And several sources said it paid too much for loans bought from brokers.
"On a stand-alone basis, we never viewed the company as being in a strong position," Mr. Abruzzo said. "It was always poorly capitalized, had a limited position in the mortgage banking arena, and had a very limited origination capability, especially on the retail side."
HomeSide relies on correspondent, wholesale, and bulk purchase channels to generate increases in servicing and to supplement runoff from its portfolio, he said. "That was clearly a big flaw in the franchise to begin with."
And some say this flaw may signal broader problems in the industry.
Tom Murray, the owner of TJ Murray Co., a Columbia, S.C., mortgage consulting firm, said the price war being waged by wholesale and correspondent lenders is comparable to the one that led to the savings and loan crisis of the late 1980s.
The lenders are building "everything but the kitchen sink" into the prices they pay for loans, he said. This leads to massive losses when the loans are prepaid and have to be written off - as happened at HomeSide, he said.
Some wholesale or correspondent lenders are willing to pay mortgage brokers as much as two-and-a-half points above what retail players are offering, Mr. Murray said. "The correspondent is giving up most, if not all, their profit just to get the business," he said. "Then they record too much income up-front, and when prepayments exceed their expectations, they write it off."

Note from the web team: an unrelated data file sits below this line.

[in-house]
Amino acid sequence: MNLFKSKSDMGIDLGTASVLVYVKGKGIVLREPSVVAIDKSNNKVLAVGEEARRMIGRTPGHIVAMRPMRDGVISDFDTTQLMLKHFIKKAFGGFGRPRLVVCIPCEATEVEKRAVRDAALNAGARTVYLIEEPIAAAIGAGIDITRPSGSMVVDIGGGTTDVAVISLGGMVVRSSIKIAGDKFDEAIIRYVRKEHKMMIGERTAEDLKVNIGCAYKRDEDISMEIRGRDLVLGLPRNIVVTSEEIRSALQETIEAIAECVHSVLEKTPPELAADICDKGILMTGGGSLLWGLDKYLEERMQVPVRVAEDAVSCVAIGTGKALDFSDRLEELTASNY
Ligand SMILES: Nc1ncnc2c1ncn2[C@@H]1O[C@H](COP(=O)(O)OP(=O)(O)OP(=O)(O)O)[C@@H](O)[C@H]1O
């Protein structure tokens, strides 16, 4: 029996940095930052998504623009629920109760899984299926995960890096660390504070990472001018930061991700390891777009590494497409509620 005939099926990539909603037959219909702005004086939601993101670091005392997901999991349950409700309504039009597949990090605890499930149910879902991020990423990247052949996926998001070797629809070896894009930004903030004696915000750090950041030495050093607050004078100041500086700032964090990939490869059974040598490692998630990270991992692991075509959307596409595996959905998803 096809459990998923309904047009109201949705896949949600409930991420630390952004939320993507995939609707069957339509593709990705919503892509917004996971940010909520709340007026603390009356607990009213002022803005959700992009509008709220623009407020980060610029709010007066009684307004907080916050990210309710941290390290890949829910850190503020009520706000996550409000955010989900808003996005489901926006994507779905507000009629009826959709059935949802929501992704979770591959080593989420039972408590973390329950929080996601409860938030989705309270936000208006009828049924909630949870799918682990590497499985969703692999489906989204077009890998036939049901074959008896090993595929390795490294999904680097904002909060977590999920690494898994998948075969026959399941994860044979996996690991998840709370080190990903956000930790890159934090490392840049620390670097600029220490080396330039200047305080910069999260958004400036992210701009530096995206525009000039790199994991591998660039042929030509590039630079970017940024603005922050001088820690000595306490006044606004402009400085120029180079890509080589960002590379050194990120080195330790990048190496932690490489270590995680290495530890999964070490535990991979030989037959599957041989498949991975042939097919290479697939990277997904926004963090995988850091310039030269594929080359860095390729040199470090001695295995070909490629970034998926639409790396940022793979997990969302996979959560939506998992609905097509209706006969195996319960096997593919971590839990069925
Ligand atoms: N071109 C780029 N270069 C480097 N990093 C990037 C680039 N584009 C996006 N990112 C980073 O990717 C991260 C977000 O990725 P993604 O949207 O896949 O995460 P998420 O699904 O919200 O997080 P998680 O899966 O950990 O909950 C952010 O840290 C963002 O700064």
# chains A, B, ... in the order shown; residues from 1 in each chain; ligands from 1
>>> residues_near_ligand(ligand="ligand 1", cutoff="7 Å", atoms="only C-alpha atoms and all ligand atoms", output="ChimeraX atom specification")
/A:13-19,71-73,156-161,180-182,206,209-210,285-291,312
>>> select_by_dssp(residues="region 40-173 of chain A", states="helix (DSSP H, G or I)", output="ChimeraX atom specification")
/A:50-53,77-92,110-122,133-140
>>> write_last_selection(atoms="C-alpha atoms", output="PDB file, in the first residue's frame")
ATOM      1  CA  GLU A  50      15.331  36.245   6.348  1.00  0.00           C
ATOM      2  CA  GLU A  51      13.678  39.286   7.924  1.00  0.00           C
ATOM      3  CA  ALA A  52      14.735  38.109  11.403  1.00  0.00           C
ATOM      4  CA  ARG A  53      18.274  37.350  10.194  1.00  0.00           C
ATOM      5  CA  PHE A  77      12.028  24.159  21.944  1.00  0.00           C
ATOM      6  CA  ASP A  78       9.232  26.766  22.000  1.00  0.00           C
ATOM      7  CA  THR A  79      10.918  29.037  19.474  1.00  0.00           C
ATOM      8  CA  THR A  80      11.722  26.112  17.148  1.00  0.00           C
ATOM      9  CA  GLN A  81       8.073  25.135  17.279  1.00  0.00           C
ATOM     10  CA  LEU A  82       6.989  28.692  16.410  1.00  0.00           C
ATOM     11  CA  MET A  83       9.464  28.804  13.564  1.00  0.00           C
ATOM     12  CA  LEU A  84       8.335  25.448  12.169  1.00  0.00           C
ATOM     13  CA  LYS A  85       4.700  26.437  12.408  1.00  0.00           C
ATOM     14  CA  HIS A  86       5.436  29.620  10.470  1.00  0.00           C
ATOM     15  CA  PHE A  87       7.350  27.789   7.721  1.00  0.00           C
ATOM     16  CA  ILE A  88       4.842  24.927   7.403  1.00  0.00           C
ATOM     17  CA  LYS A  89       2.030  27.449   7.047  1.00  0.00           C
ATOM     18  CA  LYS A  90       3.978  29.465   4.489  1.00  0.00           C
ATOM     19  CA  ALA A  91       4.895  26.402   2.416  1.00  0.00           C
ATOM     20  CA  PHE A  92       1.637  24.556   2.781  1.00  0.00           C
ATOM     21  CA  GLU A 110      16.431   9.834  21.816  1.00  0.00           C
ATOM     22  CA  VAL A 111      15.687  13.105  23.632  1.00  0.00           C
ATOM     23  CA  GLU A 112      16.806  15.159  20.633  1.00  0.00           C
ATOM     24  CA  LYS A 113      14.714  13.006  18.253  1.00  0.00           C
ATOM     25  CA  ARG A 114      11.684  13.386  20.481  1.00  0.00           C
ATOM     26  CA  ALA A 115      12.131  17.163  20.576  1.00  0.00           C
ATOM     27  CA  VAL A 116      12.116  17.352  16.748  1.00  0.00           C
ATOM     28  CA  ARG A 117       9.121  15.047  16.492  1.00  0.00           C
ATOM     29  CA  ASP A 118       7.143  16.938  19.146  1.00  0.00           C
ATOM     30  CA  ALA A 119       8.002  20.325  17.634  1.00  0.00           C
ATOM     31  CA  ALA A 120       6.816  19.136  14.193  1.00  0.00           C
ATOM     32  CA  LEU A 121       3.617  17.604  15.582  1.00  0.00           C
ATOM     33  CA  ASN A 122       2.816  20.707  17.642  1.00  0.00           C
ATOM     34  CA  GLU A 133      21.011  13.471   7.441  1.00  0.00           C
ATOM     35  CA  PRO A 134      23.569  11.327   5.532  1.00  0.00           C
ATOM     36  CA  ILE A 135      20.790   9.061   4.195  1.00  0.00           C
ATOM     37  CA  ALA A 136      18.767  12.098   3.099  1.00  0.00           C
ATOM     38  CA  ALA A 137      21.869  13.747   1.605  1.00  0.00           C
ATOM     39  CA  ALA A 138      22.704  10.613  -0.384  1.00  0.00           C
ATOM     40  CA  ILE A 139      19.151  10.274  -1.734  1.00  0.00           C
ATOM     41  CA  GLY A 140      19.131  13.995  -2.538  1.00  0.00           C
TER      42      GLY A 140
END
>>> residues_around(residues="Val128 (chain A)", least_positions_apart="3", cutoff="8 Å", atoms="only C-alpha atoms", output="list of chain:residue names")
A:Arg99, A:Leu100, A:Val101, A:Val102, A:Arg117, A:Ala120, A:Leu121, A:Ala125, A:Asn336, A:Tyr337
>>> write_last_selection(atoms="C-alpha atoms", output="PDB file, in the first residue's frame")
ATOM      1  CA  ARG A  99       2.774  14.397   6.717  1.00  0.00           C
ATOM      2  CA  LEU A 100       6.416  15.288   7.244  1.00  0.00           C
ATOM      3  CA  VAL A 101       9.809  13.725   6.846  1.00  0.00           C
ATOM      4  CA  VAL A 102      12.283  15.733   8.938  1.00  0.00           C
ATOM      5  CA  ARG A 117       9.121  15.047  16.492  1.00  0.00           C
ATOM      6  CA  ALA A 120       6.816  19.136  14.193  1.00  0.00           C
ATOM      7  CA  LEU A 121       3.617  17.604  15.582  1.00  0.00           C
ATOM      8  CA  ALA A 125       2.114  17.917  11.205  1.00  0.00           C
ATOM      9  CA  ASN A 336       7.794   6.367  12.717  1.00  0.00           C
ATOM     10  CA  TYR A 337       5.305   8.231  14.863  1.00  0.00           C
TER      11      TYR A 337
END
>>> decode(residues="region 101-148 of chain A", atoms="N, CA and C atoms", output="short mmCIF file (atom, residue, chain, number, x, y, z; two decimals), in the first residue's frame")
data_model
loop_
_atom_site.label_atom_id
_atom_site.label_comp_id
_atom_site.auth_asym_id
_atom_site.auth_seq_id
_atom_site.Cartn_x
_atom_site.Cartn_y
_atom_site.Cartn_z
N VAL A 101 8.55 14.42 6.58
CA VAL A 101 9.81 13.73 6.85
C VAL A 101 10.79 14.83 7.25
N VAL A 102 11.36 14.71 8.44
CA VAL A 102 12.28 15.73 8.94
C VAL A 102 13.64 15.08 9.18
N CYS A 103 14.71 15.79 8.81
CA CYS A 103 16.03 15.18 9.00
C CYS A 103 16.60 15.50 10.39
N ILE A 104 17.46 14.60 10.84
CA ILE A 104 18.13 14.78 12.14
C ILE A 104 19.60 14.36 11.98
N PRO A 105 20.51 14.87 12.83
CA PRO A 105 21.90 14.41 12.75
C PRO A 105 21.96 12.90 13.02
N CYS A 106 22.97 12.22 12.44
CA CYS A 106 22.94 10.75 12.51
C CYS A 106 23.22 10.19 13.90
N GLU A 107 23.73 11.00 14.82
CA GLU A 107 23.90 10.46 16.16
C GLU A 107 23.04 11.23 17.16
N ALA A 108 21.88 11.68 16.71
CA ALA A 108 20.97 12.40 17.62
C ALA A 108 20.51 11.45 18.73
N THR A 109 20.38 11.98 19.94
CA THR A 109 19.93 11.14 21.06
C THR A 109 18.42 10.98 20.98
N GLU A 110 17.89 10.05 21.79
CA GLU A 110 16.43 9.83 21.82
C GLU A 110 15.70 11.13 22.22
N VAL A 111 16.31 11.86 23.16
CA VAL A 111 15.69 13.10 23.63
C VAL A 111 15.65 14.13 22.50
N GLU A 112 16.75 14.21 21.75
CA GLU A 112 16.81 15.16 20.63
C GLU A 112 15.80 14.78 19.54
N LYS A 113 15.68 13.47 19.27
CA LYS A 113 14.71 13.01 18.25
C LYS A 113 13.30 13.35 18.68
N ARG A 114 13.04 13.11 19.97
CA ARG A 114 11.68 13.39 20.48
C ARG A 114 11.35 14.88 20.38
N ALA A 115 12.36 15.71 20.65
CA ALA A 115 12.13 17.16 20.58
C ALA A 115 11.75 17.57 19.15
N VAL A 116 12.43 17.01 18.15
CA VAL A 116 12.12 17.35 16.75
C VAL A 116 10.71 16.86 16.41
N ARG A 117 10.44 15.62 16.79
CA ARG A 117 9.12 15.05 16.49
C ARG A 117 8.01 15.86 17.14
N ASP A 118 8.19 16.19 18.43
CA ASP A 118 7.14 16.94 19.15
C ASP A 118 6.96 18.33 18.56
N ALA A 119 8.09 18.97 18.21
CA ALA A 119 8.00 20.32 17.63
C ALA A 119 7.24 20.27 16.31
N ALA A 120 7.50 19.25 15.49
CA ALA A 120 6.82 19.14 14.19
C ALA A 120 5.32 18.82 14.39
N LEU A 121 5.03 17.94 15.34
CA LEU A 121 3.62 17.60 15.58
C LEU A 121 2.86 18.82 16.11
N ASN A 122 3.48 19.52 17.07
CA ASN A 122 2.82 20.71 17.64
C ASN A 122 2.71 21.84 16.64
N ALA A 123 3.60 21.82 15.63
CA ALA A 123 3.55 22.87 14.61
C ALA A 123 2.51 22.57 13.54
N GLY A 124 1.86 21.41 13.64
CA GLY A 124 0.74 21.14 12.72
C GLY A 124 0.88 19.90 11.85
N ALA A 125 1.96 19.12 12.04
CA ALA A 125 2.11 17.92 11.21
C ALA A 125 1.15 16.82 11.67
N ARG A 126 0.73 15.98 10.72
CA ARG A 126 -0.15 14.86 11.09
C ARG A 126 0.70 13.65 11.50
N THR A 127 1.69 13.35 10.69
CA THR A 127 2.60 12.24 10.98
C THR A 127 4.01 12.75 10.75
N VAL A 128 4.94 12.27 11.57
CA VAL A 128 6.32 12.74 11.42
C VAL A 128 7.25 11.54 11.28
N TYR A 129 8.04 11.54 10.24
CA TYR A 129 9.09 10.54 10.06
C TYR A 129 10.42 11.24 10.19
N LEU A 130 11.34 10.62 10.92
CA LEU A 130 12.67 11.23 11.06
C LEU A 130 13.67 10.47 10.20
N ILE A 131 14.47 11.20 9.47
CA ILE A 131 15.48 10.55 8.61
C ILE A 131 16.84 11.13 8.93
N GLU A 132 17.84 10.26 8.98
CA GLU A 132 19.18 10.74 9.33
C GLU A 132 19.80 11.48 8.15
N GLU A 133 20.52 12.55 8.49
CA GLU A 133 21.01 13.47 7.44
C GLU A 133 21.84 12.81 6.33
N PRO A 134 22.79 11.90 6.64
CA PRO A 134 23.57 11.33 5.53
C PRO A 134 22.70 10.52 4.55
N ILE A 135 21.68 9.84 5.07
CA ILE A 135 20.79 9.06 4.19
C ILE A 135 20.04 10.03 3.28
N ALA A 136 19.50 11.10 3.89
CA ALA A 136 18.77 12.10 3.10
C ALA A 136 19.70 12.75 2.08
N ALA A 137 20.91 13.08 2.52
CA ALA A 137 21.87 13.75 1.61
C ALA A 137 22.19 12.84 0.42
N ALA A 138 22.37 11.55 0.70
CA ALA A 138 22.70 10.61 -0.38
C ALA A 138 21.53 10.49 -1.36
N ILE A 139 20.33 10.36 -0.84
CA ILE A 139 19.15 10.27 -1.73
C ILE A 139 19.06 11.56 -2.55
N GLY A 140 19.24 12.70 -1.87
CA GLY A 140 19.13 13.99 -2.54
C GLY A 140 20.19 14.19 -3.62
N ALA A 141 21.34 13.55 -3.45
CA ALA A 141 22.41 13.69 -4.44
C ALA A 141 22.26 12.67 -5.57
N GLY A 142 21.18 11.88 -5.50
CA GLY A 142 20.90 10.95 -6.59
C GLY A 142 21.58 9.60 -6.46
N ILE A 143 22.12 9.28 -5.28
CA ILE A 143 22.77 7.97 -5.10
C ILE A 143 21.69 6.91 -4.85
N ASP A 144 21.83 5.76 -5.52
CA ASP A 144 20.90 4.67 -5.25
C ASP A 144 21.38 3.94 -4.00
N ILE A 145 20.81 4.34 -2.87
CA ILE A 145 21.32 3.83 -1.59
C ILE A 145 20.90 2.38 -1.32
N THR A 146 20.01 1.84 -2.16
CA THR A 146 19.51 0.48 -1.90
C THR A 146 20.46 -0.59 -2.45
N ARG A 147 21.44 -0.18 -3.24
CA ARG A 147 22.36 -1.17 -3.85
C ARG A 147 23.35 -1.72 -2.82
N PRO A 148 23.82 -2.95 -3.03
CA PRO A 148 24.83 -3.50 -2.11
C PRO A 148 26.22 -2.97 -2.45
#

However, several industry observers said HomeSide is a well-run company with a respected management. Some sources expressed surprise that the situation had deteriorated so far.
"When HomeSide was public, it was a high-quality, well-managed, well-regarded company," Mr. Cassidy said. "For this to happen to them comes as a surprise to us."
Larry E. Swedroe, a mortgage industry veteran and now a partner at Buckingham Asset Management in St. Louis, worked with HomeSide's just-departed CFO, Blake Wilson, at Prudential Home Mortgage before it was sold to Norwest Corp. (now Wells Fargo & Co.) in 1996.
Mr. Swedroe said he was "surprised it happened under Blake's watch." More broadly, though the mortgage business is enjoying a banner year, he said, it has become difficult to turn a profit in the sector. Fannie Mae and Freddie Mac continue to drive margins down, and the cyclical nature of the business makes it almost impossible to be prepared for interest rate fluctuations, he added.